In two large paintings -- Obtained Data from the 4 Month Abyssal Dive and Reasons Why the Data of the Four-Month Dive Were Omitted -- Keith Riley paints a hectic jumble of African-looking masks, geometric shapes, and graffiti tags and squiggles. This is well-executed work, if heavily reminiscent of Jean-Michel Basquiat's savage paintings. Thankfully, Riley adds a more clearly rendered portrait of a coolly pensive youth at the bottom of each canvas. These representational figures make the paintings more interesting. The aforementioned deluge of figures and forms swirls above the teenager's head, bringing to life the vertiginous thoughts that have overtaken his brain.
Abraham Diaz's Proper Man's Closet hangs from the ceiling like a large mobile; Diaz has placed clothes he has made himself on wooden hangers and hung them from wooden bars suspended next to each other at eye and shoulder level. He fashions his men's vests and women's corsets, panties, and stockings from heavy wire wrapped with gesso-soaked gauze. The stiff, white sculptures have a simple, organic quality, and they look something like orthopedic casts. Some are accented with long pieces of raffia woven into the cloth as corset strings or sewn in a clump on the panties to resemble pubic hair. Diaz, who often paints portraits of a feminized version of himself, has created a closet in which one can try on different gender roles and identities. It's an engaging work, both formally and conceptually.
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Nearby hangs Christian Salazar's Stop Action, a fragmented portrait of an androidish man that's presented on six small canvases. Salazar paints in primary -- almost fluorescent -- colors, and the geometric background of the canvases recalls the gridded guts of a computer.
Hernan Bas's April Preparations and Eventual Trip in May for the Arrival of Ms. A is a work of fictional autobiography told through photographs and objects. The "Ms. A" in question is aviator Amelia Earhart, and the installation, which takes up an entire gallery wall, documents the artist's make-believe journey as he goes to meet Earhart, who, it appears, is returning from one of her flights. Bas's fantasy memoir is constructed by way of large photos that the artist manipulates, washing them with paint to enhance or blur certain images. The first photos show the artist preparing for his trip and traveling in a car. At the end of the sequence, a girl who bears a close resemblance to Amelia Earhart appears, ensconced in the cockpit of her plane or posing on the ground. Further elements of this fantasy are provided on the floor, where some objects sit in a row: old letters, men's shoes with holes in the soles, medicine bottles, an empty vanity case, and what looks like a plane's instrument panel. Bas's narrative is a bit oblique, but it conveys a romantic tale that most viewers know will end in tragedy with Earhart's disappearance. The photos are meticulous and the installation on the whole is neatly and affectively arranged; Bas has a good eye for three-dimensional composition.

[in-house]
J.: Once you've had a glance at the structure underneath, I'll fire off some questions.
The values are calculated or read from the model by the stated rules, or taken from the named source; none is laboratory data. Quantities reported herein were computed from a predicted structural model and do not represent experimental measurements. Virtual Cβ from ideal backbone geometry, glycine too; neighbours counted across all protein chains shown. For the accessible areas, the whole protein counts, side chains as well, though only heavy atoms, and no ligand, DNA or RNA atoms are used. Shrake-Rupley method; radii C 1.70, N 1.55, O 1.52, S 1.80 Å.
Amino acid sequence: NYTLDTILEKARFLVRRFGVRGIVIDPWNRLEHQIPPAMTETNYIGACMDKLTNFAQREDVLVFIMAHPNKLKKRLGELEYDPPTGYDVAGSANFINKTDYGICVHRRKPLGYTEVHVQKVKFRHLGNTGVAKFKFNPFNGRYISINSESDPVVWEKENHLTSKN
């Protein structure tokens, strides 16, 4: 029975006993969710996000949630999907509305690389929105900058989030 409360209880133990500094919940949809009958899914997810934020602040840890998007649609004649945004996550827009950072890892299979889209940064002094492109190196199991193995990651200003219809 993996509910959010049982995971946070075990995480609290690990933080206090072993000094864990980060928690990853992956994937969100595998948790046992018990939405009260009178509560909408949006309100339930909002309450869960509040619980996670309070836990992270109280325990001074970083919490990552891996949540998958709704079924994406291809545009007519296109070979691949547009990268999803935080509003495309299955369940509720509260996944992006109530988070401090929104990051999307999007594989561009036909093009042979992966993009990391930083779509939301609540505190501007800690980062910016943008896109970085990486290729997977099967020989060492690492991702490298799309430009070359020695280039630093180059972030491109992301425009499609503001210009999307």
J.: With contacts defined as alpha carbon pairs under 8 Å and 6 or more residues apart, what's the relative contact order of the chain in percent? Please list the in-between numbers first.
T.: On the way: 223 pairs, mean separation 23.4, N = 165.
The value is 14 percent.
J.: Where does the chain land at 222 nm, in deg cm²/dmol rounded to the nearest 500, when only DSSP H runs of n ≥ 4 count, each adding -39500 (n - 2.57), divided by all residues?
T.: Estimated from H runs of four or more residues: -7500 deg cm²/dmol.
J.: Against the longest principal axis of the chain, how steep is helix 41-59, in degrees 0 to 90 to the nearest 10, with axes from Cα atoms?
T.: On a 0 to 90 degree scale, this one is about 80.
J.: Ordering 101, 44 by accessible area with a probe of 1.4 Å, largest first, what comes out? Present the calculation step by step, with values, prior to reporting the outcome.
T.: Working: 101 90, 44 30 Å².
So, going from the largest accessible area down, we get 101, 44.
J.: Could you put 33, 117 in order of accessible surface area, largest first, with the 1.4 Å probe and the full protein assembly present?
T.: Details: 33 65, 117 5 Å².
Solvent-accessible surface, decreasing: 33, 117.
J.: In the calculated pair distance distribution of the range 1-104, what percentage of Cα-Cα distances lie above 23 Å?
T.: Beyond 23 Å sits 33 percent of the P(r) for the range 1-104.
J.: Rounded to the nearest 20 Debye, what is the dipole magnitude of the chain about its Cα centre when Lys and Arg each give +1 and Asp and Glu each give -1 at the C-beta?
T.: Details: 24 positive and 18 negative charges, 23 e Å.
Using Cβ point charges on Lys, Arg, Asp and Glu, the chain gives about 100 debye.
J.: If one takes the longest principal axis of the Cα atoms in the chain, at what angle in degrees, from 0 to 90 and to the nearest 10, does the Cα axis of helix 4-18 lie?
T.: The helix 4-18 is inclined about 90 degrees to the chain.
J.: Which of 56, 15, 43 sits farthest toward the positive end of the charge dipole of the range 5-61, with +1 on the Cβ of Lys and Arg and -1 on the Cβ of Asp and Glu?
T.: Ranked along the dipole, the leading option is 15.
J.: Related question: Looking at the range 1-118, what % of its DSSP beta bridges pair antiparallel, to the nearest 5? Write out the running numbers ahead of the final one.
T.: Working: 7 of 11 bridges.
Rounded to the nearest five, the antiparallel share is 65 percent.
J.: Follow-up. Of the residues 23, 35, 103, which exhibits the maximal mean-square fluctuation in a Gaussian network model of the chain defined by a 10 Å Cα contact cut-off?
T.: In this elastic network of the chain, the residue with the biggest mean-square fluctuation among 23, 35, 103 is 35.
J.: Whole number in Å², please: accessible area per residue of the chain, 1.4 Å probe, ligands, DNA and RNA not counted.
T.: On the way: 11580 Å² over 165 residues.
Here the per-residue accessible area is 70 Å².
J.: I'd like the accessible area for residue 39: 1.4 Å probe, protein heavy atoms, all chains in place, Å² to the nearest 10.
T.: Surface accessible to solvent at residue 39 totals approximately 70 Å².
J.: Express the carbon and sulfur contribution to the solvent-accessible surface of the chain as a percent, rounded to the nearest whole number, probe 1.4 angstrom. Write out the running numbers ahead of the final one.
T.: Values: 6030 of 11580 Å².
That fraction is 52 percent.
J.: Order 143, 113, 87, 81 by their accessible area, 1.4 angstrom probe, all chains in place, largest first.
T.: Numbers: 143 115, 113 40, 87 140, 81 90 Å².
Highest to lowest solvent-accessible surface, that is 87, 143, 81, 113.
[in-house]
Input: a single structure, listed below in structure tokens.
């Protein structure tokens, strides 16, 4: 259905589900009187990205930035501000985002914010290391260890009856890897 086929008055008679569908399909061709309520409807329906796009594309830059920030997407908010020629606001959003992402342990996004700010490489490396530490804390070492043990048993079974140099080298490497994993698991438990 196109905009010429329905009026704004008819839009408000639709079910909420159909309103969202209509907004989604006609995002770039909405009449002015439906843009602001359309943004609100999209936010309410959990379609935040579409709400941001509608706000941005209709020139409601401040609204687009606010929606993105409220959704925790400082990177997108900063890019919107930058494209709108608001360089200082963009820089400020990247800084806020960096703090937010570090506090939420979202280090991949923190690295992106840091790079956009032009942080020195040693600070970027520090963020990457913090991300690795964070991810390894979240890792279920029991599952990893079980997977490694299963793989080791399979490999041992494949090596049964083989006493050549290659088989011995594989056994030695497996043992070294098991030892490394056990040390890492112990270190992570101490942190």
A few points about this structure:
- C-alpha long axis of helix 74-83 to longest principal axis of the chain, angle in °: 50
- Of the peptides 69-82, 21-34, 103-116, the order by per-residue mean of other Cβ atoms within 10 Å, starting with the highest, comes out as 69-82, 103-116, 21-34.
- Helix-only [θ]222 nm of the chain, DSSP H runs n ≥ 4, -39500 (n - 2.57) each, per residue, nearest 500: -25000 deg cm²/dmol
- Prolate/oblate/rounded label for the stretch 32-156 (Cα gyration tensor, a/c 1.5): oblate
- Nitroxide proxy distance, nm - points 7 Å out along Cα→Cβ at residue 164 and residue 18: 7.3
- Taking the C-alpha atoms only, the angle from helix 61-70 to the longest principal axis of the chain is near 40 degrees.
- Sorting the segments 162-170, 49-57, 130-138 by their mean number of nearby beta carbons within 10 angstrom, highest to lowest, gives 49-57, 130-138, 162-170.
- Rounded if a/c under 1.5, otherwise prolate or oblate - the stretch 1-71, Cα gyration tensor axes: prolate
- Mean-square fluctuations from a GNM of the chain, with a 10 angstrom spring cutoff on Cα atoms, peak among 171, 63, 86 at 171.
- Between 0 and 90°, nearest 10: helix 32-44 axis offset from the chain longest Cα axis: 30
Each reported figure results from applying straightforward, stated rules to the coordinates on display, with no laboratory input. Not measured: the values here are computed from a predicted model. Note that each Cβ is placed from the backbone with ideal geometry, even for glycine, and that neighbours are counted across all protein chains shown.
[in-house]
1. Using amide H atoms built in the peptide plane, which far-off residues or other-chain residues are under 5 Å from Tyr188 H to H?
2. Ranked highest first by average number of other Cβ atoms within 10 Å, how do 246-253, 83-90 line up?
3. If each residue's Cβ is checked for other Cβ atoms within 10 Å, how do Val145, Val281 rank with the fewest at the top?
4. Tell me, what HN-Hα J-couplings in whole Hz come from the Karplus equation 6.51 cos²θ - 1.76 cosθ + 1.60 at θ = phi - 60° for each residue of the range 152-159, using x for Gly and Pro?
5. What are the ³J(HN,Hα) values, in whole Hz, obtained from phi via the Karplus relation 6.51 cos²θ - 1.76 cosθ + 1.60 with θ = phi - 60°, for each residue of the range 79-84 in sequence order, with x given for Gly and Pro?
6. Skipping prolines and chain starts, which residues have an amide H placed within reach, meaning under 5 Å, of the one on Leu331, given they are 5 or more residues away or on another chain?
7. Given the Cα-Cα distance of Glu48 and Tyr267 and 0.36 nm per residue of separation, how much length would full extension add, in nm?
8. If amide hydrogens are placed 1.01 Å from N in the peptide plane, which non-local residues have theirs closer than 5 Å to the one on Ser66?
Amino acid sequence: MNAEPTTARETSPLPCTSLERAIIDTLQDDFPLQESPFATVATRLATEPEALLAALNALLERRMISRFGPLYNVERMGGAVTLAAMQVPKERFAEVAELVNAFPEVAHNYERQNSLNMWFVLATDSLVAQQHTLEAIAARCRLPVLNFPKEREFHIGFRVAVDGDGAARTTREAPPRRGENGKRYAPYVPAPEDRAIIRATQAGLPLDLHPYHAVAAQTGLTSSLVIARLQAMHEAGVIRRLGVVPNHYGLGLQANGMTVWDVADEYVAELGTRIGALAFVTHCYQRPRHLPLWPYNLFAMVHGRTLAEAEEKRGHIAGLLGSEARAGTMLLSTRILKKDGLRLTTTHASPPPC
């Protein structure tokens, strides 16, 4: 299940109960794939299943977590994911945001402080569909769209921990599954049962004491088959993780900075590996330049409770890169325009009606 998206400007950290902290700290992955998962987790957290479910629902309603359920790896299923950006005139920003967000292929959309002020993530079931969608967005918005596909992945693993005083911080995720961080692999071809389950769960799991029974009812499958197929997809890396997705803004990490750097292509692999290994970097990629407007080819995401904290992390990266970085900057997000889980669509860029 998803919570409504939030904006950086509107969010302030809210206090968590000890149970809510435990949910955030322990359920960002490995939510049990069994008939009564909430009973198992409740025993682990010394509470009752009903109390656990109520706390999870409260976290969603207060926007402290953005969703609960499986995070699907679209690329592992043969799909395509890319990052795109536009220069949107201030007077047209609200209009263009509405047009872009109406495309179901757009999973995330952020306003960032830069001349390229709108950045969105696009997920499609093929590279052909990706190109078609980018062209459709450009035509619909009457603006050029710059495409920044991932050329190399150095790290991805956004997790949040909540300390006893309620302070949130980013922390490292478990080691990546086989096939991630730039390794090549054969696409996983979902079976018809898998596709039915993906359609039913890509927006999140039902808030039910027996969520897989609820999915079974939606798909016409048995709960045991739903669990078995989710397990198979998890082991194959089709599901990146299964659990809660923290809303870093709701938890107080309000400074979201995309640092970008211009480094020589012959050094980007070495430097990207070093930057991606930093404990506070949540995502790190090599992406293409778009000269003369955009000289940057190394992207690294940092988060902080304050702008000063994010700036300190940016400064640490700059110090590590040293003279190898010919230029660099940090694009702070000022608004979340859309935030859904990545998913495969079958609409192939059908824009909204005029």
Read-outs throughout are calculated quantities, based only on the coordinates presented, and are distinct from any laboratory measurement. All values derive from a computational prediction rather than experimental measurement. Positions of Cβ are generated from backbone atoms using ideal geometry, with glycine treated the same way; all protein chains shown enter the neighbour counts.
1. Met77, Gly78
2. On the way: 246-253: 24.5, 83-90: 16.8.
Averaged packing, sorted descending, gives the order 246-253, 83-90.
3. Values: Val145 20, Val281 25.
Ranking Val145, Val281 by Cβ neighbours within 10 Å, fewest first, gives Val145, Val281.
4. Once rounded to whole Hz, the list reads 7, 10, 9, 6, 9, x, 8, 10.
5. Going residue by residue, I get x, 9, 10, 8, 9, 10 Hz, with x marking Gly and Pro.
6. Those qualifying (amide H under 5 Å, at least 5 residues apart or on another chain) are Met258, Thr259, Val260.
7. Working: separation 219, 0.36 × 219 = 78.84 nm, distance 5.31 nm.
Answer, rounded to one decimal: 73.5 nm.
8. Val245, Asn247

Among the New World seniors, Alejandro Cardenas is undoubtedly the class clown. Here he exhibits his Proposals for Senior Showcase, plastering one gallery wall with drawings, doodles, press clippings, photos, and other ephemera that include a swatch of plastic grass and a Post-It note. Cardenas's cartoonish illustrations are displayed as if they were serious proposals submitted to one of his teachers for the work he would contribute to this exhibition. Actually, they compose a Mad Magazine-style spoof of conceptual and performance art. Among the proposals displayed, one shows a musical stuffed moose ("song playing will be the Canadian National Anthem") with museum goers lined up behind it waiting to look into its butt. A proposed performance piece involves a mannequin covered with spikes that explodes, "killing everyone at the opening." Another provides instructions to go to the beach and "attempt to give away a chunk of fire coral." Elsewhere on the wall, still another proposal calls for a land mine, a canvas taped to the ceiling, and gallery goers who will unwittingly participate in a new form of spatter painting when the mine goes off.
Other ideas refer directly to artists on the cutting edge, whose work Cardenas obviously admires but doesn't hesitate to poke fun at. For example, a picture of some strange-looking chunks floating in a tank placed in the middle of a gallery is accompanied by the text "Simultaneous tribute to Damien Hirst and Joseph Beuys: Lard and Felt Suspended in Formaldehyde." Admittedly, this whole thing is silly, a classroom prank that could fall flat in less talented hands. But Cardenas, combining the principles of conceptual artist Joseph Kosuth and the humor of Beavis and Butt-Head, has made a hilarious piece. As with the work of the other artists exhibiting here, Cardenas's ideas may be adolescent, but the quality of his work belies his years.